Poetry

Poetry

After so much darkness

                      —for my father

After so much darkness, the field’s excess of light,
the day floating on itself as in a dream.
But it isn’t a dream, the small wound songs of the house finch,
the sun hammering the grasses’ bronze tips.
We had gathered about your bed

like a boat we tried to push off stony ground.
We wanted to help: we believed in the buoyancy of that water.
You held onto the ruins instead of our hands.
What did we know of how it is to look back at one’s life?

A bee swings from the nightshade.
Ants carry their burden up the post of the shed unmoved by song.The grasses bend under the weight of so much light.
And the balm of the wind: from the woods the singing of leaves.
Or is it the sound of water flowing?






Aging tulips

See, it’s not sweet youth
that touts a wildness, but crazy
old age. Beauty shifts. Plump
pink petals fall away, or stay,
curling every which way,
like stiff, unruly hair, dried
to a deep blood-red.

The once-upright congregation-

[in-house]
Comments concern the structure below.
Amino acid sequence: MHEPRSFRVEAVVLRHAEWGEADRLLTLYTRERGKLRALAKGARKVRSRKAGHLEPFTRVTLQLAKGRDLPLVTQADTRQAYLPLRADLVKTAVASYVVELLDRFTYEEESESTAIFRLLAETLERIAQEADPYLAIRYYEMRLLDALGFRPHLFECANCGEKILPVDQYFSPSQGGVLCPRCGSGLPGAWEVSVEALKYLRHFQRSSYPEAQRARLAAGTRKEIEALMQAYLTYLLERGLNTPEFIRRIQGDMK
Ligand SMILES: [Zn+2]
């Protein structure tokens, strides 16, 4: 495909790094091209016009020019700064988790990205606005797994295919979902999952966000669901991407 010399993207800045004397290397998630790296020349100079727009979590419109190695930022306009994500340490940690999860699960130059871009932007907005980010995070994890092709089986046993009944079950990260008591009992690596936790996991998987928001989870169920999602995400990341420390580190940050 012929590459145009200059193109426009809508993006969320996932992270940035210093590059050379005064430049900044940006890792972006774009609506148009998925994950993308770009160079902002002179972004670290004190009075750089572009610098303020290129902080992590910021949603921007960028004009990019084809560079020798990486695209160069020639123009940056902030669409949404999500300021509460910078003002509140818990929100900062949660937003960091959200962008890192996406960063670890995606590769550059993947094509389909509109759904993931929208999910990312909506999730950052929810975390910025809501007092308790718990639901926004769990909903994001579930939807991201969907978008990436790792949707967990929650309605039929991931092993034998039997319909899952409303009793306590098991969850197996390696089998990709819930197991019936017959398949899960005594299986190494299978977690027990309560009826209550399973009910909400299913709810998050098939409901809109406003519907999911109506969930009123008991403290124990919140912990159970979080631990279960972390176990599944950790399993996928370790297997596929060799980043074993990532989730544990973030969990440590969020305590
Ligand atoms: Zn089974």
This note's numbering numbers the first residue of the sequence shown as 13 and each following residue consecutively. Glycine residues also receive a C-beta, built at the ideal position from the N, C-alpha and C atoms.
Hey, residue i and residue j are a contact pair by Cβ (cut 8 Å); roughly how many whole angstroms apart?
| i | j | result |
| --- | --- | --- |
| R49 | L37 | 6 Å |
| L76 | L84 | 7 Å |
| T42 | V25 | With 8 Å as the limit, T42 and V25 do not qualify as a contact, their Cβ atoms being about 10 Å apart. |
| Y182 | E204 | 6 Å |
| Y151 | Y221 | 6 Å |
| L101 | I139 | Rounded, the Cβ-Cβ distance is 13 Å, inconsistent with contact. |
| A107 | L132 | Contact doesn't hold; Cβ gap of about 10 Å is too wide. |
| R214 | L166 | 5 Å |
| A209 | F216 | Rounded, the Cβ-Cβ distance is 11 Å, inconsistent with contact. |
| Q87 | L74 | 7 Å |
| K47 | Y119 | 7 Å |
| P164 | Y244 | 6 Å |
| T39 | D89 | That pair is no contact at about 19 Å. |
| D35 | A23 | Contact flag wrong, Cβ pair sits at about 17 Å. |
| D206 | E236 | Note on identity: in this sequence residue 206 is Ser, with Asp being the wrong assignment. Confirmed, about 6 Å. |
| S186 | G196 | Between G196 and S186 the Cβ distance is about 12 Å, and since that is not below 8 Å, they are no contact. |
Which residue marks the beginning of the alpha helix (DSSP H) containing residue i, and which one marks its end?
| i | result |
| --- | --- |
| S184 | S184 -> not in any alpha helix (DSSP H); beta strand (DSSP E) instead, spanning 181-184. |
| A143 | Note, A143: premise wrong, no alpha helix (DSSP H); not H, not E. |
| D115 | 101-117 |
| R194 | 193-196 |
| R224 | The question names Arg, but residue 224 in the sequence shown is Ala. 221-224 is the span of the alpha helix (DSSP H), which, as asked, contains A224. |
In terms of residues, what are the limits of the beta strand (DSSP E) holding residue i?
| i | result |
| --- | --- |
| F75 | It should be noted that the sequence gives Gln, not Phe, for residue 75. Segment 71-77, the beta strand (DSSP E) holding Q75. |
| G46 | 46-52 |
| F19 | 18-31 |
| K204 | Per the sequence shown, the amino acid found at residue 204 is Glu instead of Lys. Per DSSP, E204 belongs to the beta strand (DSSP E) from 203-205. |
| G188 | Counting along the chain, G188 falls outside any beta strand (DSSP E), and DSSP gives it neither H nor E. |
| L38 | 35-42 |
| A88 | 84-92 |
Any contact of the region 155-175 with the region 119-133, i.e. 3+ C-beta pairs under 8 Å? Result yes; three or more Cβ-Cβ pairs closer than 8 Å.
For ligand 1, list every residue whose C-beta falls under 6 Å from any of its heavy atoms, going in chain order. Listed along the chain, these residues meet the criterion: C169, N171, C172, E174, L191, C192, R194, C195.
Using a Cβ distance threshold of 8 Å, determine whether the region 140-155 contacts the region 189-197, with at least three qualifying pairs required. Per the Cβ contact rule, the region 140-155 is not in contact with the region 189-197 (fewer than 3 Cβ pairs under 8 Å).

in-a-vase flops over, losing their
heads, but that’s all right. They
find another life in unconventional
gesture, extravagant dance:
this still troupe, ecstatic,
with nothing left to lose.

Evensong

All winter the fish lounge at the bottom of the pond
squinting up now and then toward the cloudy light
beyond the ice, but mostly skulking behind cold wet shadows
like teenage guys down in the basement
hanging out, waiting for life to happen
dreaming elongated nursery rhymes
feeling the submerged sluggish vibrations of the earth
a faint quiver of the moon’s pull on the tides.

After Easter, though, they dopily drift toward the surface
where I am waiting patiently with
something like civilization in mind.
Sooner or later they’ll make the connection:
they get their daily bread from me.
And in return I get
a glimpse of their elusive grace,
their perfect freedom organized into evening ritual.

Another Lent

So here we go again.
The grit of darkened seasons past
between the eyes, across the brow.
The purple cloths of grief,
tall cloistered candles, numbered days.
Six more weeks of wintered trudging
through a wilderness bereft of alleluias.
All this to show that everything we know—
and are—is dust
and will return in just the way it came
and always has come.
Yet, here and there, bent brave above the snow
the clustered Lenten rose bleeds color
from pale sunlight,
gently points itself toward a cross,
an emptied cave,
that bright unending summer
glimpsed in childhood,
and forever after longed for
past the terminus of measured time.

Easter's ABCs

Let A stand for amaryllis,
B for betray,
C for cast,
and so on until W
straddles
want and wake—
the advance men for rapture.

Substitute lilies for amaryllis,
a kiss for betrayal.
Gather a Roman cast,
straddling
Jewish law.
Wake
to rapture.